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In old Damascus, war threatens Syrian handicrafts

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Damascus: In his cramped workshop in Damascus, Mohammad Abdallah delicately etches away at wooden panels inlaid with mother-of-pearl, a craft he perfected over a decade before the outbreak of Syria’s war.

As he works, Abdallah says he fears his craft — the intricate process of filling carved wooden decorative pieces with shells, bone, or ivory — could be forced into “extinction” by the conflict raging across his country.

“I worry for the fate of the Damascene mother-of-pearl craft because of the lack of labour and the difficulty in acquiring and transporting raw materials,” the 43-year-old says.

Like many other craftsmen, Abdallah was forced to abandon his spacious warehouse on the outskirts of Damascus when fighting broke out.

“My heart aches because the mother-of-pearl workshops in Damascus and its outskirts have dropped from 30 to only three or four workshops,” he says.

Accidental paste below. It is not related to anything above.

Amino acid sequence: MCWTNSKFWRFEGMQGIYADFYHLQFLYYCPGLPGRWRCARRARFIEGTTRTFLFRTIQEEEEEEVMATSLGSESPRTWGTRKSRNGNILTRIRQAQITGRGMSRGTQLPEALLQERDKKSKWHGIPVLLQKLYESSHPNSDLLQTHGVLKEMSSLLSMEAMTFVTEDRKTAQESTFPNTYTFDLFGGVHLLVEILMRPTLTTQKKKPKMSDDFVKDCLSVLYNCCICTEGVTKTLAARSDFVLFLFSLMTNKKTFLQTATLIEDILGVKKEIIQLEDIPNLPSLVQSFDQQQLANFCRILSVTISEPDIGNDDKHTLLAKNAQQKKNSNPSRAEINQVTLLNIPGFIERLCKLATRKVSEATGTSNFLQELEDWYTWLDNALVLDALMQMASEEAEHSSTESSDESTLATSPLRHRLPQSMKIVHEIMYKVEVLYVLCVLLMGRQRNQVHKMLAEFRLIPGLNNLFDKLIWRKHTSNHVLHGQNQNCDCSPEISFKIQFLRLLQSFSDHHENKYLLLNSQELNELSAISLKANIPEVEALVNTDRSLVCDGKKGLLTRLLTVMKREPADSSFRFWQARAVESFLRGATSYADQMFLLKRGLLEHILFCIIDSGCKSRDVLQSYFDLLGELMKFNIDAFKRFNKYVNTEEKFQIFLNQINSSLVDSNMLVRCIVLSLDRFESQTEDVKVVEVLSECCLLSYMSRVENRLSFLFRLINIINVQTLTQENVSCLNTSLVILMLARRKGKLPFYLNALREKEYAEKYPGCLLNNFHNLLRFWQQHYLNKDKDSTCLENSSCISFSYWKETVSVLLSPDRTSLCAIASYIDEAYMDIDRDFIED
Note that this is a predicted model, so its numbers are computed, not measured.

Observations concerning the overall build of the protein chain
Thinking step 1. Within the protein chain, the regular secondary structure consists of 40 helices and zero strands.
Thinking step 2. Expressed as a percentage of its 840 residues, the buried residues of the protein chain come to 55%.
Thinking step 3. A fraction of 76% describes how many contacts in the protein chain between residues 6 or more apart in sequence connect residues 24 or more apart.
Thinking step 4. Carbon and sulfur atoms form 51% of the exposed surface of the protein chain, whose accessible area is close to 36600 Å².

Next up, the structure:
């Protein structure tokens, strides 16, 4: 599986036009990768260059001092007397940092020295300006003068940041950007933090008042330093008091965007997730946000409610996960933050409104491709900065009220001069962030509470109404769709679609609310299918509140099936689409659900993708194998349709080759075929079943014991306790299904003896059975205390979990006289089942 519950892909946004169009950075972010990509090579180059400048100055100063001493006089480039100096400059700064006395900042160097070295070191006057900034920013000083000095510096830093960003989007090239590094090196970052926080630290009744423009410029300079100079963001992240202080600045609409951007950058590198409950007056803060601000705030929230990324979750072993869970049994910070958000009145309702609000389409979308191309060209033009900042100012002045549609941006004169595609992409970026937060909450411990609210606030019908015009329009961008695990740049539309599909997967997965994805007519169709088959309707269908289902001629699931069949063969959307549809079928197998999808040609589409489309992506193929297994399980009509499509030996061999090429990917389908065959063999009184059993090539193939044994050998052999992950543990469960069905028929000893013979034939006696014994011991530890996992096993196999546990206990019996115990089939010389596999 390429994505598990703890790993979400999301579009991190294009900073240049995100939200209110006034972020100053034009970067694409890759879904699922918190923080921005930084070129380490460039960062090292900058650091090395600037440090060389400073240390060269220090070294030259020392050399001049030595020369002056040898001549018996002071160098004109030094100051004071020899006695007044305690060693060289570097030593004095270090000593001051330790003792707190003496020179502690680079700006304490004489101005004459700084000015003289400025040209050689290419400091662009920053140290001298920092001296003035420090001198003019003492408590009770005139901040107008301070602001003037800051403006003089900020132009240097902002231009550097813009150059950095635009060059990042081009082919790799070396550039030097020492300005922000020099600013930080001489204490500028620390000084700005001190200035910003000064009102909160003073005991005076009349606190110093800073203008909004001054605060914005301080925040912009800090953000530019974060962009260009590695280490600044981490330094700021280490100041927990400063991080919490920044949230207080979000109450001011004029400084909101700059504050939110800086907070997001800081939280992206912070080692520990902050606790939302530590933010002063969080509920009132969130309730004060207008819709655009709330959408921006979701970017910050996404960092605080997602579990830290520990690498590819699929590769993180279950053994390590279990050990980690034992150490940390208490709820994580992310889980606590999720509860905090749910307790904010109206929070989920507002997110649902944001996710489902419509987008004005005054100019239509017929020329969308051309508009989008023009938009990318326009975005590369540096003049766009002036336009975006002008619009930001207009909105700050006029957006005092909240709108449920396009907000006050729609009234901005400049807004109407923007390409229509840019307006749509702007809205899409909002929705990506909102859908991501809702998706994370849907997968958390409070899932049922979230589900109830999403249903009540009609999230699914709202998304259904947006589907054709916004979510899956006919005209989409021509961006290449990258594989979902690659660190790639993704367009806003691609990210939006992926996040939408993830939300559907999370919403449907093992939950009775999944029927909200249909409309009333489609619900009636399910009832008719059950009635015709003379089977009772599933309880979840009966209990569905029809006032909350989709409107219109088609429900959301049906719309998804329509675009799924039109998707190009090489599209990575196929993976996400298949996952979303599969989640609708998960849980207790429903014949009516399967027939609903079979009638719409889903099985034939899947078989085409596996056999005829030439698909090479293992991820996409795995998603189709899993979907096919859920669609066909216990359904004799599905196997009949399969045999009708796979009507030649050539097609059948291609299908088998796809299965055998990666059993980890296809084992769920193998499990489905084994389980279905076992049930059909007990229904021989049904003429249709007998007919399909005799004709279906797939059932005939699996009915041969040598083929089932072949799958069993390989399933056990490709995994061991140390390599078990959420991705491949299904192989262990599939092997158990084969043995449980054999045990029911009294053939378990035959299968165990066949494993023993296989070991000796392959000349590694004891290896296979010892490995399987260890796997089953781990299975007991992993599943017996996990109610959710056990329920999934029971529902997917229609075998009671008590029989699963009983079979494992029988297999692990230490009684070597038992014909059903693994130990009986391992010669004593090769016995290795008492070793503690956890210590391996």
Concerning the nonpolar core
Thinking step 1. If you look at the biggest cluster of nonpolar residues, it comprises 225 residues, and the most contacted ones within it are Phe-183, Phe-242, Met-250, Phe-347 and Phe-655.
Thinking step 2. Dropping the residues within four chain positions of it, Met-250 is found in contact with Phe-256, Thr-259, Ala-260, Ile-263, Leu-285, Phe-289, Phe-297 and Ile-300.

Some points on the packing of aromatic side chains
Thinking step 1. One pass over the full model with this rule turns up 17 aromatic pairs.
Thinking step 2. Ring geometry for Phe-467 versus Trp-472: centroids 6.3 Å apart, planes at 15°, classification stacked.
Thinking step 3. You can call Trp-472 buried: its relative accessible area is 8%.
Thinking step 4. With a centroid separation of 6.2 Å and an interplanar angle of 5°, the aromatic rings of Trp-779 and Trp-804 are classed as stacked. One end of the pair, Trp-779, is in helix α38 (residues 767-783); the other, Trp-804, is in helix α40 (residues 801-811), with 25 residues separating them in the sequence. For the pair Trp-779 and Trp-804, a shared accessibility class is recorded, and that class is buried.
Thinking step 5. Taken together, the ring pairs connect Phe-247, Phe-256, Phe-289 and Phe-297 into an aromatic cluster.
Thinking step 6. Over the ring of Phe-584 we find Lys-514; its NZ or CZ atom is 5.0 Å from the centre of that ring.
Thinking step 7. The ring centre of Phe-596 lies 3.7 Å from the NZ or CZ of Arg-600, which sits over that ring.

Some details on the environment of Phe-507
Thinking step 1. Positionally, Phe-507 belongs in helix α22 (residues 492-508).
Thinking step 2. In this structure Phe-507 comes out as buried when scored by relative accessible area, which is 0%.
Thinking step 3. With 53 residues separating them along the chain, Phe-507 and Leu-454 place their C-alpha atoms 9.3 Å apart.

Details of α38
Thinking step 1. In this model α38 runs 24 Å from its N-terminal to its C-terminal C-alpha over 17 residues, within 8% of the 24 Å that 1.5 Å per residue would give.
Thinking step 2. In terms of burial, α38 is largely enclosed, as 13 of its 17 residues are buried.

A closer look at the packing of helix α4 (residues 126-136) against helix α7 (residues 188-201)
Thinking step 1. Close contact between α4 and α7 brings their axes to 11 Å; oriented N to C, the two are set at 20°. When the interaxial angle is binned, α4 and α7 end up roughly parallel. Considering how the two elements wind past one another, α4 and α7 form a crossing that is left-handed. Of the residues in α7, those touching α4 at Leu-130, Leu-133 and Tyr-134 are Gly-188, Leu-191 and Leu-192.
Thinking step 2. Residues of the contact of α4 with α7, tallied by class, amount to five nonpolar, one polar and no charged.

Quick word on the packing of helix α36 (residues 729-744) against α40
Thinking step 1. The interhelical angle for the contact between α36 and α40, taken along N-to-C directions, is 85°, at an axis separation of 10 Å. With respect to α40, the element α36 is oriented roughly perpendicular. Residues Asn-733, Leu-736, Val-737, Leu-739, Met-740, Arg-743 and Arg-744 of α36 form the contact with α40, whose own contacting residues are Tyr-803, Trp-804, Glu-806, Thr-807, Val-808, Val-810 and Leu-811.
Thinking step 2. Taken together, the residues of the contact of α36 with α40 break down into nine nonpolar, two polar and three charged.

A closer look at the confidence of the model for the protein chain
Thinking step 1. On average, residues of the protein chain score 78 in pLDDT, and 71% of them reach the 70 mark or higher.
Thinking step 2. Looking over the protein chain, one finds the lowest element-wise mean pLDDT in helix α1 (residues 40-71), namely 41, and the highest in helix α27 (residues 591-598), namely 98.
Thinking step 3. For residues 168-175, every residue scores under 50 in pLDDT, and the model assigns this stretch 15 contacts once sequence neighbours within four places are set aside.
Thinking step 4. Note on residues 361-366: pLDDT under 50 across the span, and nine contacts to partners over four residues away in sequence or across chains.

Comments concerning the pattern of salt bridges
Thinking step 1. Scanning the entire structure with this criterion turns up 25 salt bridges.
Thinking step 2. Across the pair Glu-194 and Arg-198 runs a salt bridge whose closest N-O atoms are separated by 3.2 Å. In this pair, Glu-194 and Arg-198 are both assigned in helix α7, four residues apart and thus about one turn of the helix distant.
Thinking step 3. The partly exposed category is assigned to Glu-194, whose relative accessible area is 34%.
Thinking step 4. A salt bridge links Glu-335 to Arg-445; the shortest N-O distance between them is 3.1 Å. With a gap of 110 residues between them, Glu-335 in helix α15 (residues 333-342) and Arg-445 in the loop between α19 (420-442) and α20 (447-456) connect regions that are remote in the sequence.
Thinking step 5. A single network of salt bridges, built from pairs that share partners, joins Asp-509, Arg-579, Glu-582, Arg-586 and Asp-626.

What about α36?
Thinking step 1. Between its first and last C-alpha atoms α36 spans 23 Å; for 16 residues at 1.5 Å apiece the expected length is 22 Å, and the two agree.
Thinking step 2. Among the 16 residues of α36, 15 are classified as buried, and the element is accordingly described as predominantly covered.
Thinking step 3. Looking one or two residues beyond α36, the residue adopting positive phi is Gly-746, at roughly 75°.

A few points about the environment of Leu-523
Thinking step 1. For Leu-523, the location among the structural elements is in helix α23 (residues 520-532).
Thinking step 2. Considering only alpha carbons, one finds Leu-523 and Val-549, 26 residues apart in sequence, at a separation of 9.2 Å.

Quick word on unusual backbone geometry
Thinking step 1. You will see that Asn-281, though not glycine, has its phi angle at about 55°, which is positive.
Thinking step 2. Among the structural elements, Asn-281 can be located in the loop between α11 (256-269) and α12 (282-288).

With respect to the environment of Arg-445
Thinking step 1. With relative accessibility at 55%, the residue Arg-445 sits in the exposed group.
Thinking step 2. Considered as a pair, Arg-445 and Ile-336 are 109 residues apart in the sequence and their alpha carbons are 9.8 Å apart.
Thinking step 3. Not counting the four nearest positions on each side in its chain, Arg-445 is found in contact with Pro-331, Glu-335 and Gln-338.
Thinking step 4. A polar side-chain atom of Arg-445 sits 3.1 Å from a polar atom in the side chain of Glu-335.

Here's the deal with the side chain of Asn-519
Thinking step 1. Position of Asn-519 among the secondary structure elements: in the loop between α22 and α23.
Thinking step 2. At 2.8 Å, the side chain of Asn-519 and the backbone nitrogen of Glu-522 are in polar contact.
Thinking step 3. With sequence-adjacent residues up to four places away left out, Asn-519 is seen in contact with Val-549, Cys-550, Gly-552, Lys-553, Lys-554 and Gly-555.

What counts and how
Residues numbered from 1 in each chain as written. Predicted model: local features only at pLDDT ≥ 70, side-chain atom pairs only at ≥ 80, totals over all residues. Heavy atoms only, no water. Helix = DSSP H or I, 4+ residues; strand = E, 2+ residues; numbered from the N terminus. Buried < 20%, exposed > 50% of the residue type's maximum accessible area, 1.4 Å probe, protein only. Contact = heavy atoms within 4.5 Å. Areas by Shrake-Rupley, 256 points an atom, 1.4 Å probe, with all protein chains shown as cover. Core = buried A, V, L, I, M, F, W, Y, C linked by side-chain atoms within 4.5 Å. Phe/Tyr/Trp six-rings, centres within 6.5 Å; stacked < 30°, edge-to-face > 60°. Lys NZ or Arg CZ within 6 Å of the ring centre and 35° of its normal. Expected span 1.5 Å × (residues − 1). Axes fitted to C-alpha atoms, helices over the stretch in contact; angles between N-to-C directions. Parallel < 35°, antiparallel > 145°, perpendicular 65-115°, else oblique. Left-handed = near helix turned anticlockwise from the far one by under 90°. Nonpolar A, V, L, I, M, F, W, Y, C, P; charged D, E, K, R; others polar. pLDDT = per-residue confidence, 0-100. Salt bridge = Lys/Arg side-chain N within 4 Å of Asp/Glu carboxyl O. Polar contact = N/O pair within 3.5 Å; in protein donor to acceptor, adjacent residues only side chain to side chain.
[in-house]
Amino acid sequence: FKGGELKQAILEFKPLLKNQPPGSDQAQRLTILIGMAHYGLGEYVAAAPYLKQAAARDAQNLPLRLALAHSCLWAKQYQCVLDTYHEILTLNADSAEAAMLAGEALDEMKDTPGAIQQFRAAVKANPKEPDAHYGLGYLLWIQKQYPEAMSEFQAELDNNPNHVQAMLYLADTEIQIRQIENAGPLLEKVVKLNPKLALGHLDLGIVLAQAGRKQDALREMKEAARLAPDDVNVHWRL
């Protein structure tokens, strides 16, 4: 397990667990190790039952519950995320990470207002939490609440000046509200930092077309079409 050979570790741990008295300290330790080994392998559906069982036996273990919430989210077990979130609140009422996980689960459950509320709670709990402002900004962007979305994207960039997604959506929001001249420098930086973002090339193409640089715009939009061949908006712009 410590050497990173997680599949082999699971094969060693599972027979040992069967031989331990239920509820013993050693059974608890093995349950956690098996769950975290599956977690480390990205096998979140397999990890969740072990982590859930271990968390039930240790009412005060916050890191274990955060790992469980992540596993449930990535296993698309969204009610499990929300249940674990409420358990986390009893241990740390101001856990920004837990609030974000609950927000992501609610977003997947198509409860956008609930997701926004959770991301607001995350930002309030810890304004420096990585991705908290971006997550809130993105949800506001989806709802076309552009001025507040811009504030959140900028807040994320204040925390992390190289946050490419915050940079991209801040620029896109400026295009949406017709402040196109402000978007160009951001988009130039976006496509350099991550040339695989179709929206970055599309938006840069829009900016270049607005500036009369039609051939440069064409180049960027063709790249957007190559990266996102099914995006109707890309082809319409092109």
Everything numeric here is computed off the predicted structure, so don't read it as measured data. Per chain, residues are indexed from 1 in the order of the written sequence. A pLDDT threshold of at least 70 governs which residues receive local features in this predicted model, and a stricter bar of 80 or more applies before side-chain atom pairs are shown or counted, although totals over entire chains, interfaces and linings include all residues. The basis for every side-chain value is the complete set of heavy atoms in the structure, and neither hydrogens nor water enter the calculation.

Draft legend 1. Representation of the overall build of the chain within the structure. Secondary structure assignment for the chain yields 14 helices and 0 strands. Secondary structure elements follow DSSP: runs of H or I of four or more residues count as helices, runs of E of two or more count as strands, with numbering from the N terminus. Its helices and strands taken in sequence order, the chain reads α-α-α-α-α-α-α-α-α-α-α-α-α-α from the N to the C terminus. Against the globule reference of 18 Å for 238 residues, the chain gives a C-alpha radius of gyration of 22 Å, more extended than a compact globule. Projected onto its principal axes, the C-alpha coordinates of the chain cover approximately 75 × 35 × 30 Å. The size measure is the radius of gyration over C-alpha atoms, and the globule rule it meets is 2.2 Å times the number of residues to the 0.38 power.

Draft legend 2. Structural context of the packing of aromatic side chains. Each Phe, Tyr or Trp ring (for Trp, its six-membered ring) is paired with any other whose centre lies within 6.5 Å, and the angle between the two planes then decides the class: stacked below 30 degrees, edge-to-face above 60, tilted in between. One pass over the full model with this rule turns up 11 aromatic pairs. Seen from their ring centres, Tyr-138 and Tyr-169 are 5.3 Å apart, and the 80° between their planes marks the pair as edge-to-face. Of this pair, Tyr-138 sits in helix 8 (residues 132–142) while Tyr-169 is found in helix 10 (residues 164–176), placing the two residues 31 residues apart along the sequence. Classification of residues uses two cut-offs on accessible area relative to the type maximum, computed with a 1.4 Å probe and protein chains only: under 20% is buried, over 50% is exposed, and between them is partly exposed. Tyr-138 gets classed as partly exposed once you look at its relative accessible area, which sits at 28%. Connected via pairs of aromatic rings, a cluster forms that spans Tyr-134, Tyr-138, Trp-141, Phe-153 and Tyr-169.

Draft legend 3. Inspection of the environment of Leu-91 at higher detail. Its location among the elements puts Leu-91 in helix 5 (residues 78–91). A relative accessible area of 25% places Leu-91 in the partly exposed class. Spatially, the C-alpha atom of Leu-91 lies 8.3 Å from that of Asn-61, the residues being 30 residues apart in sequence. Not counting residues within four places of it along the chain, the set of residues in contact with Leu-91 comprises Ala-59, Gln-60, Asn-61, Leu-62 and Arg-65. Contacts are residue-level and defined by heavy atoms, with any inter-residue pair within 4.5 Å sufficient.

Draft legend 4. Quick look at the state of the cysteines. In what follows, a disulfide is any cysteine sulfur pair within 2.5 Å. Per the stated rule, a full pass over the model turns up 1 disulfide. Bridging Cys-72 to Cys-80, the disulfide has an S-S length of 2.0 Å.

His own workforce “has faded in recent years because the labourers have joined the fighting or have fled” Syria altogether.

And local purchasers, stung by the devaluation of the Syrian pound, can no longer afford the stunning designs, he says.

Since Syria’s conflict erupted in 2011, more than 260,000 people have been killed and millions have fled their homes.

But the war has also taken a toll on the country’s renowned traditional craft, from ornate wooden furniture to the rich, golden stitching of its famed brocade fabrics.

The artisanal designs were popular among tourists, who generated about 12 percent of Syria’s pre-war gross domestic product.

But with tourism virtually non-existent and travel across the country growing more difficult by the day, craftsmen in Damascus are in despair.

Traditional cultural products in Syria, from songs and poetry to beautiful handicrafts, “have been completely damaged by the crisis”, says Mohammad Fayyad, a researcher on cultural heritage.

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